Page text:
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How Comfortable Are Your Shoes?
Created by Buthaina Bisharat-Mabjish
It’s a role-play of the main characters of Mr. Max Kelada, the narrator, Mrs. Ramsay, Mr. Ramsay and the “People-on-the-Ship” Representative (an imaginary character). However, it includes both the internal and external voices of the various characters along with the opportunity to be in the shoes of more than one character.
In general, students will become more familiarized with some concepts and terminology through practice and further exposure. On the other hand, students will be asked to go beyond their blind spot, see what’s around in an attempt to overcome prejudice and stereotypes.
To be more specific, students will be learning the following skills and concepts:
- Distinguishing different perspectives
- Raising awareness of self, others and internal voices
- Acknowledgment: stepping into others’ shoes and feeling how it’s like to be the other, thereby leading to a better understanding of and a genuine acknowledgment of the other.
- Stereotype, first-impression, connotation, prejudgment, argumentative, dogmatic, familiar, and other.
Lead-in / Preparation / Prerequisite Knowledge
Students should have read and studied the short story, “Mr. Know-All.”
According to the Ministry’s literature program, they’re supposed to do a post-reading activity that carries relevance to the material studied.
For the purpose of being able to do this specific post-reading task, students should be familiarized with some concepts and phrases that I have mentioned earlier.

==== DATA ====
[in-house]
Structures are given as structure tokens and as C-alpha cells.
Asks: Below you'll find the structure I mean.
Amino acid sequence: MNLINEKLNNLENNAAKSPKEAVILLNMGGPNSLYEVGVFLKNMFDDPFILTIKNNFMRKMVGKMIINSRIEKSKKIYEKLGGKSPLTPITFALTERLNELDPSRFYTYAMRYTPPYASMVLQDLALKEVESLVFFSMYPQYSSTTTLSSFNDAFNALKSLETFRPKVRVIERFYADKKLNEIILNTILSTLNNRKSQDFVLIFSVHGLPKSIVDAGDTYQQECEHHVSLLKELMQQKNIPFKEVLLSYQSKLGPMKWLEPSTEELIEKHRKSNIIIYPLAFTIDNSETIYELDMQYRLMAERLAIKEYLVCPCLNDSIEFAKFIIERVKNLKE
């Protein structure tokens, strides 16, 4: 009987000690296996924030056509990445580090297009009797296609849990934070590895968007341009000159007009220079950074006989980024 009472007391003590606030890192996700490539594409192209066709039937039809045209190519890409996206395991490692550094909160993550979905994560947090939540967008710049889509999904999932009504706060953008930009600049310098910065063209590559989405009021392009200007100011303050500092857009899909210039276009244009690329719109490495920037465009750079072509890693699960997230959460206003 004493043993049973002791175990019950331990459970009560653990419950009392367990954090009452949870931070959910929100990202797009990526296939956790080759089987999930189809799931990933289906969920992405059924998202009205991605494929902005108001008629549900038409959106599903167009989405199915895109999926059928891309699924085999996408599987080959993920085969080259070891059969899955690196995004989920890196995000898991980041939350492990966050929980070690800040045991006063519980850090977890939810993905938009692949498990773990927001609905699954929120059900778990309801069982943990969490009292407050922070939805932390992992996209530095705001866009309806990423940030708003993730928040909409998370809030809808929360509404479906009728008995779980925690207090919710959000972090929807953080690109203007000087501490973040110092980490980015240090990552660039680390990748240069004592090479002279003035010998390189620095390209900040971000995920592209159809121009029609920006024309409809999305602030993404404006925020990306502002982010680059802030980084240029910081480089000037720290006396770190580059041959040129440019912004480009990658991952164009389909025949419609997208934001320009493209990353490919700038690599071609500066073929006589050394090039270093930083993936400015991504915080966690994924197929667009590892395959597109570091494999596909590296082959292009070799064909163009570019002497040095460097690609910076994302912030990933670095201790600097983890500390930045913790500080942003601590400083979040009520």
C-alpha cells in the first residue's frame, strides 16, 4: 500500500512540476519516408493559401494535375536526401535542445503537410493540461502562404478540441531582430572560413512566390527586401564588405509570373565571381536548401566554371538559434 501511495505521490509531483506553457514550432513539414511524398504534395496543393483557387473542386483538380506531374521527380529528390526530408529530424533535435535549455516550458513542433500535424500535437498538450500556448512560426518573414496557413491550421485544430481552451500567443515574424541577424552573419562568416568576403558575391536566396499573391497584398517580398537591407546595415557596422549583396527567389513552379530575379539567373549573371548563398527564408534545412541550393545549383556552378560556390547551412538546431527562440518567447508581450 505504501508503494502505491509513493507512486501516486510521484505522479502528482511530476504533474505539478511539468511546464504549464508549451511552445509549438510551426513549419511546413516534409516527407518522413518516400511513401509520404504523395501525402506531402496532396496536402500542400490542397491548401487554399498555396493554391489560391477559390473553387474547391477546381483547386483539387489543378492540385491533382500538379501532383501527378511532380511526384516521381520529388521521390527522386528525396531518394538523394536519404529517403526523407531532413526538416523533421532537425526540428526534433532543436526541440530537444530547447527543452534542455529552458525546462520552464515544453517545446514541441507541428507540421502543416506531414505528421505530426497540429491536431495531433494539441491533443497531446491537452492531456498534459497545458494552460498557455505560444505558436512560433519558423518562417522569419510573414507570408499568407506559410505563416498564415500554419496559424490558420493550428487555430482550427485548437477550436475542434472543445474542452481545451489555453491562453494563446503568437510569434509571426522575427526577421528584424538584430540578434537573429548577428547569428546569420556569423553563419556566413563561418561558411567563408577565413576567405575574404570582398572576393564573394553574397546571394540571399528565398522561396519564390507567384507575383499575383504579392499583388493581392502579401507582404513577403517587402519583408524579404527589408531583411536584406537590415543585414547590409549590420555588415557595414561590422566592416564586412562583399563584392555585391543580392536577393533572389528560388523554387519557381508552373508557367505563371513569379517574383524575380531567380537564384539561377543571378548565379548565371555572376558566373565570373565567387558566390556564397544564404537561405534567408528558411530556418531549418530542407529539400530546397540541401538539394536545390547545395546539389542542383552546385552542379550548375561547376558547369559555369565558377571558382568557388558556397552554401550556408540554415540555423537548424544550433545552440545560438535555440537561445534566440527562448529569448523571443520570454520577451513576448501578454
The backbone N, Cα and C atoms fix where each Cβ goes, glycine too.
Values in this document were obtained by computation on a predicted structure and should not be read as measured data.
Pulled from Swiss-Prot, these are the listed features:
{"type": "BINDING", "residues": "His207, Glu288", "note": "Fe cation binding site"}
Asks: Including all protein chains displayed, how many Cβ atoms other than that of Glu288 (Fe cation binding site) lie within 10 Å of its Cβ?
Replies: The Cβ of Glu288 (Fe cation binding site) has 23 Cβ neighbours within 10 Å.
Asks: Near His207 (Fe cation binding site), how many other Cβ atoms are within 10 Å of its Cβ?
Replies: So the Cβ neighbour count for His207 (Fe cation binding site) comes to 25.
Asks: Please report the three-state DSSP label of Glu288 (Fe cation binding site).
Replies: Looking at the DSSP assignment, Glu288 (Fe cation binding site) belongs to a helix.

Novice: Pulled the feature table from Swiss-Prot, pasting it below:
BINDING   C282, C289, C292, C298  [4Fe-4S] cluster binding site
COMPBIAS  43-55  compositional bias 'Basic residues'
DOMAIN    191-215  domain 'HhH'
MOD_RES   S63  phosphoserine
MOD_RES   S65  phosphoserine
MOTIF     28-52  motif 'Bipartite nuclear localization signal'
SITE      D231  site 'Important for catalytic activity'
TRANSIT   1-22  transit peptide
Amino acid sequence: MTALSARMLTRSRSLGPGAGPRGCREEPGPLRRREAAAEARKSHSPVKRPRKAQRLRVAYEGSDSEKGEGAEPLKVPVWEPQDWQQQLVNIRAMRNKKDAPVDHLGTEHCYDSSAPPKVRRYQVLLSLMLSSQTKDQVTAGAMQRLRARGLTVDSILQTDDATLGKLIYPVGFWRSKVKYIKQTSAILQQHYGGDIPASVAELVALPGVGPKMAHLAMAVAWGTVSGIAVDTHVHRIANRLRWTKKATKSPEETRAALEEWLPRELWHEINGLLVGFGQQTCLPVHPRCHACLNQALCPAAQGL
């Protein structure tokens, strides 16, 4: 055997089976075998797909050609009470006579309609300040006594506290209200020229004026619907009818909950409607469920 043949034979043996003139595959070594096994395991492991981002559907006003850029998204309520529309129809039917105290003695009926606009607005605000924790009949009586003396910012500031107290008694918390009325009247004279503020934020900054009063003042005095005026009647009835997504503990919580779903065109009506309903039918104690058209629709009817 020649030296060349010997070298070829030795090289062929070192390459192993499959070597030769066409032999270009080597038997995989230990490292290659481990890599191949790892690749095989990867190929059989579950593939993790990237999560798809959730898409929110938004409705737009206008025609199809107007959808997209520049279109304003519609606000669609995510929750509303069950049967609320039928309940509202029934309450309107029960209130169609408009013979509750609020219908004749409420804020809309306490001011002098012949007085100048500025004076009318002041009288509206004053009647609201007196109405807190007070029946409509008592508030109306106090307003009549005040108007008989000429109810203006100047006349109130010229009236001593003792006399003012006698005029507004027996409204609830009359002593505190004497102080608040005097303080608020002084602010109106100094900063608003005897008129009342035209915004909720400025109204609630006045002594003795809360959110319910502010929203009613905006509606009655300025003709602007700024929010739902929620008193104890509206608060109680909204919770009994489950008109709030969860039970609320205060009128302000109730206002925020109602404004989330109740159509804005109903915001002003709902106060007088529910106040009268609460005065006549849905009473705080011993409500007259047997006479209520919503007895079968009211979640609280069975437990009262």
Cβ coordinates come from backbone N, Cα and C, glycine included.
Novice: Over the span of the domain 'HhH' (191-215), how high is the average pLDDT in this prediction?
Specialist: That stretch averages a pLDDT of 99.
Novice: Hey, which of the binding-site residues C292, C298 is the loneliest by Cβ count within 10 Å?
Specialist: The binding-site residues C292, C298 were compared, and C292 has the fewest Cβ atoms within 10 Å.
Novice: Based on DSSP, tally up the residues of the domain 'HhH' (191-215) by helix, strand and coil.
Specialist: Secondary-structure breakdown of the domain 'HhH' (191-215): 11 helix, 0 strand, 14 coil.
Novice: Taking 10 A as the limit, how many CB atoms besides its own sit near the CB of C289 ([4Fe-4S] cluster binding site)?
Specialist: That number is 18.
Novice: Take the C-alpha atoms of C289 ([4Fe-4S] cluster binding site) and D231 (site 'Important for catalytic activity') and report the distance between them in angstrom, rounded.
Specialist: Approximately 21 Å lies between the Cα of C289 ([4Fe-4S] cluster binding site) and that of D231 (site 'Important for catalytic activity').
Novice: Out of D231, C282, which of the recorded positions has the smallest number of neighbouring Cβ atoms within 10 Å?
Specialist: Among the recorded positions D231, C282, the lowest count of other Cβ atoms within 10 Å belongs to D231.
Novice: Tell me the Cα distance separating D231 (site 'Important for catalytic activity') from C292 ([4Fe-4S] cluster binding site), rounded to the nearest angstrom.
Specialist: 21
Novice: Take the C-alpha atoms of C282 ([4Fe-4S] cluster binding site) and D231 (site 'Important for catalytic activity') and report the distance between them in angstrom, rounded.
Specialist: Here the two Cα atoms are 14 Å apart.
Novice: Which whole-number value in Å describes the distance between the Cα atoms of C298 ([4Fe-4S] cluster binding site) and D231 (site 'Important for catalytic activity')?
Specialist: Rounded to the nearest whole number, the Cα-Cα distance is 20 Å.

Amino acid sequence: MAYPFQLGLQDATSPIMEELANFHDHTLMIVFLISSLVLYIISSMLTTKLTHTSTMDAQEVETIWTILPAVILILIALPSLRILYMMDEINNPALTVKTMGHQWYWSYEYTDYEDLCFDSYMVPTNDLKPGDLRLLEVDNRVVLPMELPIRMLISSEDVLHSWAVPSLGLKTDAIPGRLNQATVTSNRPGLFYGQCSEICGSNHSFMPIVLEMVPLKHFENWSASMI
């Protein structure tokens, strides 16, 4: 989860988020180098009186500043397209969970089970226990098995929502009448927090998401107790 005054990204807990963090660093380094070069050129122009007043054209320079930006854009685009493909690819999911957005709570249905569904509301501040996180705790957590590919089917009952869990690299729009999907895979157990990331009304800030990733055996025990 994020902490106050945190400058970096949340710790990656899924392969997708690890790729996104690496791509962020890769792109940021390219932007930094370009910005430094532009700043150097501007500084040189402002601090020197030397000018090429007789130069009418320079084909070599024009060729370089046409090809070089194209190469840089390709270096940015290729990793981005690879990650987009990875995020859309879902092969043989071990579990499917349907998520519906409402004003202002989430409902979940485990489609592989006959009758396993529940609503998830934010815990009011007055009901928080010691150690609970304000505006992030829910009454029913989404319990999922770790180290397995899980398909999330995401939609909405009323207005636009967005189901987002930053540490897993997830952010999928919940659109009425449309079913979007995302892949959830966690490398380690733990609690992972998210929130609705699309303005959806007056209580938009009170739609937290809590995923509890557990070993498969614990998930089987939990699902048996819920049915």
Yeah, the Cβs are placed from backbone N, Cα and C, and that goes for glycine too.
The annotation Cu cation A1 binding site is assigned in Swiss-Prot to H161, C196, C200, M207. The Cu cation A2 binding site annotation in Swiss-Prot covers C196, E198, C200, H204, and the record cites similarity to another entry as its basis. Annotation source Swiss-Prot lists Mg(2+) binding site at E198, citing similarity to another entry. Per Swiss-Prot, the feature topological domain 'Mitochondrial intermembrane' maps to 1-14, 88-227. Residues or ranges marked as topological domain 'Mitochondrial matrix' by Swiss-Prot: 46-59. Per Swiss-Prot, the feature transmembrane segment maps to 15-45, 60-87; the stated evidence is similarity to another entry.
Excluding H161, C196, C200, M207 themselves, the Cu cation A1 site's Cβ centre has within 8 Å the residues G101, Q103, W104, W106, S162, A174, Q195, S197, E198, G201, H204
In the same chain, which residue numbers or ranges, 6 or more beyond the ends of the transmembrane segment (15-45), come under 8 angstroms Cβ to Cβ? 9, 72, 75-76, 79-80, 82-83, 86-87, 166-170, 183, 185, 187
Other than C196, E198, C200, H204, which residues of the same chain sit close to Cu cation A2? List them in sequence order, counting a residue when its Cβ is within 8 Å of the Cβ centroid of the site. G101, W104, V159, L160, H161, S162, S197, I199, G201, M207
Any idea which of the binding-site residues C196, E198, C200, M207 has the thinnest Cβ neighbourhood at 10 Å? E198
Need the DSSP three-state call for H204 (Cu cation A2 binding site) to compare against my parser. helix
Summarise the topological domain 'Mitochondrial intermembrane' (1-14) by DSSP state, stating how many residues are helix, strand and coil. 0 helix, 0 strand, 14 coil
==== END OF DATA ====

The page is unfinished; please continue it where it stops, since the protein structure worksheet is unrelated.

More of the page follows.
But this is how I developed the idea of “How Comfortable Are Your Shoes?”, which can be helpful for an introduction:)
Shoes as a Metaphor
Through the ages, fashion has introduced different types of shoes matching with people’s different tastes and needs and carrying the flavor/marks of the various cultures and civilizations.
Shoes, metaphorically or literally, have become part of an individual’s or a group’s identity, distinguishing them from others…sometimes separating them from the other, thereby allowing them to alienate, degrade, and hate that different other.
And some may argue about how comfortable, beautiful and/or genuine their shoes are.
And we can never really tell whether they’re right or wrong unless we try those shoes and compare… maybe together we could cooperate and have a better understanding and come up with a new form of shoes that could be comfy for this specific journey.
In our activity, we’ll be stepping into others’ shoes and feeling/understanding how it’s like to be them.
In one of the activities we had in V-NESI 2020, I shared with my group in the breakout room that “Acknowledgement” seemed to me like stepping into the other’s shoes. And therefore, we need to allow students to be in others’ shoes to be able to genuinely acknowledge the others’ feelings and to be able to cooperate or grow together and reach a better state and outcome. And that notion stayed with me and inspired me to do this activity that I gave it the figurative name of “How Comfortable Are Your Shoes?”